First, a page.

North Carolina’s final best chance to score a momentum-swinging touchdown ended the way its first did: with Marquise Williams, the Tar Heels’ fifth-year senior quarterback, throwing an interception in the end zone to South Carolina linebacker Skai Moore.
The final one, which came with about 3 1/2 minutes to play, was Williams’ third interception and it sealed the Gamecocks’ 17-13 victory on Thursday night at Bank of America Stadium. For UNC, it was a night of missed chances.
The Tar Heels turned it over three times inside the South Carolina 20-yard line – all on Williams’ interceptions – and UNC missed another chance when junior cornerback Des Lawrence dropped an interception that he might have returned for a touchdown.
In its first game under new defensive coordinator Gene Chizik UNC’s defense played well enough to win – it allowed 394 yards – but the Tar Heels’ offense squandered chance after chance.
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UNC led 13-10 early in the fourth quarter but, still, it felt like South Carolina was one big play away from seizing control. Then it happened: a 48-yard touchdown run from Shon Carson, a senior running back, on a sweep around the right side. On that play, Carson and the Gamecocks seemed to take advantage of a UNC defense that spent a lot of time on field because of time of possession imbalance.
Three who mattered
Elijah Hood: The UNC sophomore ran for a career-high 138 yards, which included a 44-yard run in the third quarter. He also ran for 29 yards to move UNC inside the South Carolina 25-yard line before Williams’ final interception.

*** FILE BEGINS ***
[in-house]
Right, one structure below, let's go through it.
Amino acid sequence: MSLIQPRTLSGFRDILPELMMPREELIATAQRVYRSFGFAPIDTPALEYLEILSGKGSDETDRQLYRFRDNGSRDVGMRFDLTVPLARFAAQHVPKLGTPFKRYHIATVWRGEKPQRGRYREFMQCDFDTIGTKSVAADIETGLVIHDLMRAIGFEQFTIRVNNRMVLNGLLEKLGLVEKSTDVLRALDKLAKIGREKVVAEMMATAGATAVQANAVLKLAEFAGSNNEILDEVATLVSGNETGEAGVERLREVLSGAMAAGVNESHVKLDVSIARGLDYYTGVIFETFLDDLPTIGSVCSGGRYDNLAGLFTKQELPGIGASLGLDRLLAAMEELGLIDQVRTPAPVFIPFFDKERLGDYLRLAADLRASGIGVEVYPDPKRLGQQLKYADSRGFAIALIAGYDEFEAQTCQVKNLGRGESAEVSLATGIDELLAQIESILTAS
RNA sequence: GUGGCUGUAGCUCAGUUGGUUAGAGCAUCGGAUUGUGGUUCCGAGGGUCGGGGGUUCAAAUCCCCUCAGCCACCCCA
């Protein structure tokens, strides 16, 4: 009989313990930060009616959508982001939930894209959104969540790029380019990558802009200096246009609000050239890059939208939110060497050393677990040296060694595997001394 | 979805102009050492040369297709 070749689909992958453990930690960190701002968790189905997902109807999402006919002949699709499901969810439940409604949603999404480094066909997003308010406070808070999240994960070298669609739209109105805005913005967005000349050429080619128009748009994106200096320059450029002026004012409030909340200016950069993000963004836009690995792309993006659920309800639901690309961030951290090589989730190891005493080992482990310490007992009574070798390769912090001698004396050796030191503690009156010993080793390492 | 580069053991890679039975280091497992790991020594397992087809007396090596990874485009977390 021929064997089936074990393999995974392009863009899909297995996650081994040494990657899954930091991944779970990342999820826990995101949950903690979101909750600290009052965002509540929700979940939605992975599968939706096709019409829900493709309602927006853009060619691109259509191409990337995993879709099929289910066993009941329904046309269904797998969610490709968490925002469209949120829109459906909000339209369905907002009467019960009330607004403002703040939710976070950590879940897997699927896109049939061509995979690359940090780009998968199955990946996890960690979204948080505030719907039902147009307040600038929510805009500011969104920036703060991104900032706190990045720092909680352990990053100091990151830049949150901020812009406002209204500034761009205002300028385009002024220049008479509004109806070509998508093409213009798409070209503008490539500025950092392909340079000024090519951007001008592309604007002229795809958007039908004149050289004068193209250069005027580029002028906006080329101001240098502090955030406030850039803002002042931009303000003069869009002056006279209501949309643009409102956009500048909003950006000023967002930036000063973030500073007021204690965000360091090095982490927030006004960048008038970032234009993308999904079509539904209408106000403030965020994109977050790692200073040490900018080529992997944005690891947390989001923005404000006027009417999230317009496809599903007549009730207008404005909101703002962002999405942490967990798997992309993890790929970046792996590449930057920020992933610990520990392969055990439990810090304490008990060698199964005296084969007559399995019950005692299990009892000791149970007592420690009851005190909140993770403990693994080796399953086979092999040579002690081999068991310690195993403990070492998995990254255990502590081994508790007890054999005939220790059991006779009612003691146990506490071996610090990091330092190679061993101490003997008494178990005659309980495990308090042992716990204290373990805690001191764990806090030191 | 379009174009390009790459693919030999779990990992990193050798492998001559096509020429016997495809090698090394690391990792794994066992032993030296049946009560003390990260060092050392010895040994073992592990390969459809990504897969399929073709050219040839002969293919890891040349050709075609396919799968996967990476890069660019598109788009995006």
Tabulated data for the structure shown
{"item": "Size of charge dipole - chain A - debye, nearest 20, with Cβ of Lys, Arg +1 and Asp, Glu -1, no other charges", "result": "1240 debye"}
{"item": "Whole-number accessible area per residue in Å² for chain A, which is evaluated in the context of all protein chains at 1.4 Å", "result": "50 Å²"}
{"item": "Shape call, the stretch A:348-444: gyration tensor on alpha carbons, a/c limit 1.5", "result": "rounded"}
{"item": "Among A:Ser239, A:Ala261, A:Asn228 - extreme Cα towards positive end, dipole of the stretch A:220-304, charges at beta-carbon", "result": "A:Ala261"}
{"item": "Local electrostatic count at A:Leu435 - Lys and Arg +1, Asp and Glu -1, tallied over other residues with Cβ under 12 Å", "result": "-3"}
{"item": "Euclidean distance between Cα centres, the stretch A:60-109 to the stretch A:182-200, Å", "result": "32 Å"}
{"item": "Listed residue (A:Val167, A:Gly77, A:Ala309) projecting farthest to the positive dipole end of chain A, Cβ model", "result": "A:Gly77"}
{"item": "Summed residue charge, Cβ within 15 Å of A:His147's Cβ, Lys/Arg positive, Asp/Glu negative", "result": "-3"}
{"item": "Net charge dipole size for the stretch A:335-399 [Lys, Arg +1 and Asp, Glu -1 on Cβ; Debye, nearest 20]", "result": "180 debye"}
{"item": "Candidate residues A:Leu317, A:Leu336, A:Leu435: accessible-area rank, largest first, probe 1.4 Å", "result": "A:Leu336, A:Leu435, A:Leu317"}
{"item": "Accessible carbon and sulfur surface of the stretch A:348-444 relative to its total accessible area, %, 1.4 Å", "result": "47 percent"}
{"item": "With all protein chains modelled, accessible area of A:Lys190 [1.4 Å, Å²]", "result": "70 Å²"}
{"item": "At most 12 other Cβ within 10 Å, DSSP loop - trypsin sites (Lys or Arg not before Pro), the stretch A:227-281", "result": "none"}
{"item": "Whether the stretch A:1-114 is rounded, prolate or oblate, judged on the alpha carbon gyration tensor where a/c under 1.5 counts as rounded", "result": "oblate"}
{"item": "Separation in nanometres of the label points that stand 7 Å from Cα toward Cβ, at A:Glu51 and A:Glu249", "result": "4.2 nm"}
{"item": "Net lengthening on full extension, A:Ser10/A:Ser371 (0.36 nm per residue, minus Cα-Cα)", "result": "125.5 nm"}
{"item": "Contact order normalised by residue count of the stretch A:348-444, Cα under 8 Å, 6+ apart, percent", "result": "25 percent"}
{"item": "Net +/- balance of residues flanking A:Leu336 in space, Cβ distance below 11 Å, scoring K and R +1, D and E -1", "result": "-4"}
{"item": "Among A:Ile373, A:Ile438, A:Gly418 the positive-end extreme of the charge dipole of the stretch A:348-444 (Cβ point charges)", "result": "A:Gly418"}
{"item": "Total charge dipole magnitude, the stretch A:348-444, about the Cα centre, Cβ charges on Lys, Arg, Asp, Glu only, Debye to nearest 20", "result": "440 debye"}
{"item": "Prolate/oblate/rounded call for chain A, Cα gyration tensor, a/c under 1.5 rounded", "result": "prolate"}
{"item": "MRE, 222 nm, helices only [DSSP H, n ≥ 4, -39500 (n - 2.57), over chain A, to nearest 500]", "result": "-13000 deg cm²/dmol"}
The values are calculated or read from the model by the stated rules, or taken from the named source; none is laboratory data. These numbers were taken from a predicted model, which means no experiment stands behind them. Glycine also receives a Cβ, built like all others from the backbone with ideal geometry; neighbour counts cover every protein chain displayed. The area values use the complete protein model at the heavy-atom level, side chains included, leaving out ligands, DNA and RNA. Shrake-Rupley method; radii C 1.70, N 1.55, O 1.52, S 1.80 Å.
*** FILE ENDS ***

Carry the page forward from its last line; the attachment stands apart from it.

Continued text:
Shon Carson: The South Carolina running back took advantage of a defense that appeared to tire as the game went on. His 48-yard touchdown run came on his first carry.
Nick Weiler: Has UNC found itself a kicker? Seems so. Weiler made field goals of 47 and 38 yards – both of which were longer than any field goal the Tar Heels made a season ago.
Three key numbers
0 second-half points for the Tar Heels, whose six second-half drives ended like this: turnover on downs, punt, interception, punt, punt, interception.
254 South Carolina rushing yards. Four Gamecocks ran for at least 40 yards, and South Carolina used its rushing offense to wear down UNC.
7-for-15 That was the Gamecocks’ conversion rate on third down, which enabled South Carolina to keep drives alive and – equally important – keep UNC’s offense off the field. Getting off the field was a challenge in UNC’s first game with its revamped defense.